PETALING JAYA: The United States has found itself on the receiving end of witty Malaysians over its blunder of mistaking Singapore as being part of Malaysia.
This came as the world witnessed the historic summit between US President Donald Trump and North Korean leader Kim Jong-un in Singapore on Tuesday (June 12).
In posting the transcript of a press briefing that Secretary of State Mike Pompeo gave on Monday (June 11), the venue was described as “JW Marriott, Singapore, Malaysia” on the US State Department’s official website.
A check by The Star at 4.24pm on Tuesday (June 12), found that the mistake of the venue had been rectified to “Singapore”.
Malaysians who noticed the blunder quickly left a barrage of comments on The Star Online’s Facebook page, with many noting the lack of geographical knowledge by the average American.
Billon Wong said that an American had once asked him, “Which part of China is Singapore in?”
Lanny Low said that Americans have poor geographical knowledge, while Suseela Thevi Suppiah added: “To the average Americans, the world is America!”
Andrea Soon pointed out that it could be the 1Malaysia Development Berhad (1MDB) scandal which had stolen Singapore’s thunder from the eyes of the world.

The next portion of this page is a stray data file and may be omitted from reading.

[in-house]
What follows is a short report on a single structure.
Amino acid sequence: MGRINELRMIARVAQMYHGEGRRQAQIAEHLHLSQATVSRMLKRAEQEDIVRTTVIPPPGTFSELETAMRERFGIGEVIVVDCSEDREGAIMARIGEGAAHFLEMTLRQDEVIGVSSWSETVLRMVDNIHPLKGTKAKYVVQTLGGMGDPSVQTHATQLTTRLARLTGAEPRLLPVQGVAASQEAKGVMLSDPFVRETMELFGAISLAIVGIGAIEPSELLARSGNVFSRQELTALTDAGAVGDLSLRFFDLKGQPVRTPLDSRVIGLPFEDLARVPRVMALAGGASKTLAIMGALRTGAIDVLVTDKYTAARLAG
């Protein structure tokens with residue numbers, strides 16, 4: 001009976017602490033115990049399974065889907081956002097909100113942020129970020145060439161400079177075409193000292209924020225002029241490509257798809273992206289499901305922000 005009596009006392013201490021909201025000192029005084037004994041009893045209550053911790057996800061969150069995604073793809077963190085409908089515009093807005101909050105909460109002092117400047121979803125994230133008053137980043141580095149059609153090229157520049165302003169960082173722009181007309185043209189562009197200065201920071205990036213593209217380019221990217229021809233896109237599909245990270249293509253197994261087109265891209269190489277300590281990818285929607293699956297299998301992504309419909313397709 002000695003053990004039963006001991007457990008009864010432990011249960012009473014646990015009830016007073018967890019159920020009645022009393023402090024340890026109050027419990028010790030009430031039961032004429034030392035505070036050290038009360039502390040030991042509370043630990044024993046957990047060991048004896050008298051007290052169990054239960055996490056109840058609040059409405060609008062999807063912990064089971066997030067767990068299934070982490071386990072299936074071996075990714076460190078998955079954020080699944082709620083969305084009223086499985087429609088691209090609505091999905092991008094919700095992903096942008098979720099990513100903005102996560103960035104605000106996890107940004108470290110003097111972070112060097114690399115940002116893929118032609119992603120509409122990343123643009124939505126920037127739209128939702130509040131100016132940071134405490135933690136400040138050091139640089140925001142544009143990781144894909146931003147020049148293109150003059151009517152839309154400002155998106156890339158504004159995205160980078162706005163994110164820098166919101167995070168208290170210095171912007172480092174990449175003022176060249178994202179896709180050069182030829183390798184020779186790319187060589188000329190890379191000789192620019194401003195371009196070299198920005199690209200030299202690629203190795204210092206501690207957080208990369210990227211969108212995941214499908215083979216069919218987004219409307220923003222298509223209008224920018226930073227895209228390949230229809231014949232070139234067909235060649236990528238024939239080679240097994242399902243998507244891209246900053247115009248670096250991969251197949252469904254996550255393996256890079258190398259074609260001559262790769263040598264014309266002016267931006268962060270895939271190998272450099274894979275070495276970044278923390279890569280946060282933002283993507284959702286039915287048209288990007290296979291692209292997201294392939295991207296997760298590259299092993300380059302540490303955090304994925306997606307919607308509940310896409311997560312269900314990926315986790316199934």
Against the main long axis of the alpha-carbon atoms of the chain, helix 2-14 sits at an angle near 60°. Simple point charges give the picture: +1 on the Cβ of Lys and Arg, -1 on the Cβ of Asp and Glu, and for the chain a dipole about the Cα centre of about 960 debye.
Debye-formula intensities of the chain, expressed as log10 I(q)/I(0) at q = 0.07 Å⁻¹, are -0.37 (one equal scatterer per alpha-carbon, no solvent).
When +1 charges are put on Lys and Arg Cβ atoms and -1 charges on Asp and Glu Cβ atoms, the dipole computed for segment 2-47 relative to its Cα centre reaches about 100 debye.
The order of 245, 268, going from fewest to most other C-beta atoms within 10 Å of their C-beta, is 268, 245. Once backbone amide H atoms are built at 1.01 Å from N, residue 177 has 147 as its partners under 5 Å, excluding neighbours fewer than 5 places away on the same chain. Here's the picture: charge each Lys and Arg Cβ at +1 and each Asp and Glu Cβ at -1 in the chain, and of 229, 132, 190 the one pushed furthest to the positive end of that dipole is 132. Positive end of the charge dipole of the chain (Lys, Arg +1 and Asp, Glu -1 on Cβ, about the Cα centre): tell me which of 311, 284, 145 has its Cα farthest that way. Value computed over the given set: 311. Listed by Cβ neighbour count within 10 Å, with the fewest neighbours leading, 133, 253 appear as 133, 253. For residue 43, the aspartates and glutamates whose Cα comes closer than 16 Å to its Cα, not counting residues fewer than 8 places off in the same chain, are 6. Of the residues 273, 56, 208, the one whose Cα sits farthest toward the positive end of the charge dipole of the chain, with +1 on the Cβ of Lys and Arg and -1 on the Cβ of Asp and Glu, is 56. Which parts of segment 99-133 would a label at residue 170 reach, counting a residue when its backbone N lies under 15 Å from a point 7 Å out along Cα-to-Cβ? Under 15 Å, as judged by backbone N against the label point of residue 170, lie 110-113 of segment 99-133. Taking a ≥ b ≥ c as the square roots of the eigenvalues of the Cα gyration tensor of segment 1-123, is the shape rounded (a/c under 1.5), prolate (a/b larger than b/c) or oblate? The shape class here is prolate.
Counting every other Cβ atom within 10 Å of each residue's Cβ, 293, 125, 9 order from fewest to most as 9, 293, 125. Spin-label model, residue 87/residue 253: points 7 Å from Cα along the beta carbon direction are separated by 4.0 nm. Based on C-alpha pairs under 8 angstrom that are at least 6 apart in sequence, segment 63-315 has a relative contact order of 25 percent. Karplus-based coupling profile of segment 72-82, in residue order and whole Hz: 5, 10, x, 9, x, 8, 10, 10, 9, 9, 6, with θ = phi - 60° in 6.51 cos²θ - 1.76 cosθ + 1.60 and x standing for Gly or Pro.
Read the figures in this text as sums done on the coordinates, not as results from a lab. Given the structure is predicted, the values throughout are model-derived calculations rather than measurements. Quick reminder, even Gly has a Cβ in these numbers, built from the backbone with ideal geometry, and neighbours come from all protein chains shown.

“That shows that even the superpowers can sometime make this kind of mistakes. Maybe we are famous due to 1MDB until we overshadowed Singapore,” said Soon.
However, some Malaysians were not offended by the mistake, with James Kwan saying: "I don’t think I am pissed. Only hardcore Singaporeans will be.”
Sya Sha said: "Actually, it’s an insult to Singapore, but an honour to Malaysia.”
Singapore joined Malaya and the two Borneo states of Sabah and Sarawak to form the new federation of Malaysia under the terms of the Malaysia Agreement in 1963.
However, it left in 1965 to form the independent Republic of Singapore.
The choice of Singapore as a venue for the meeting between Trump and Kim had been heralded as a proud moment for the island-republic, which may now have a thing or two to say to the US State Department.
Trump’s State Dept thinks Singapore is in Malaysia
US State Department corrects venue blunder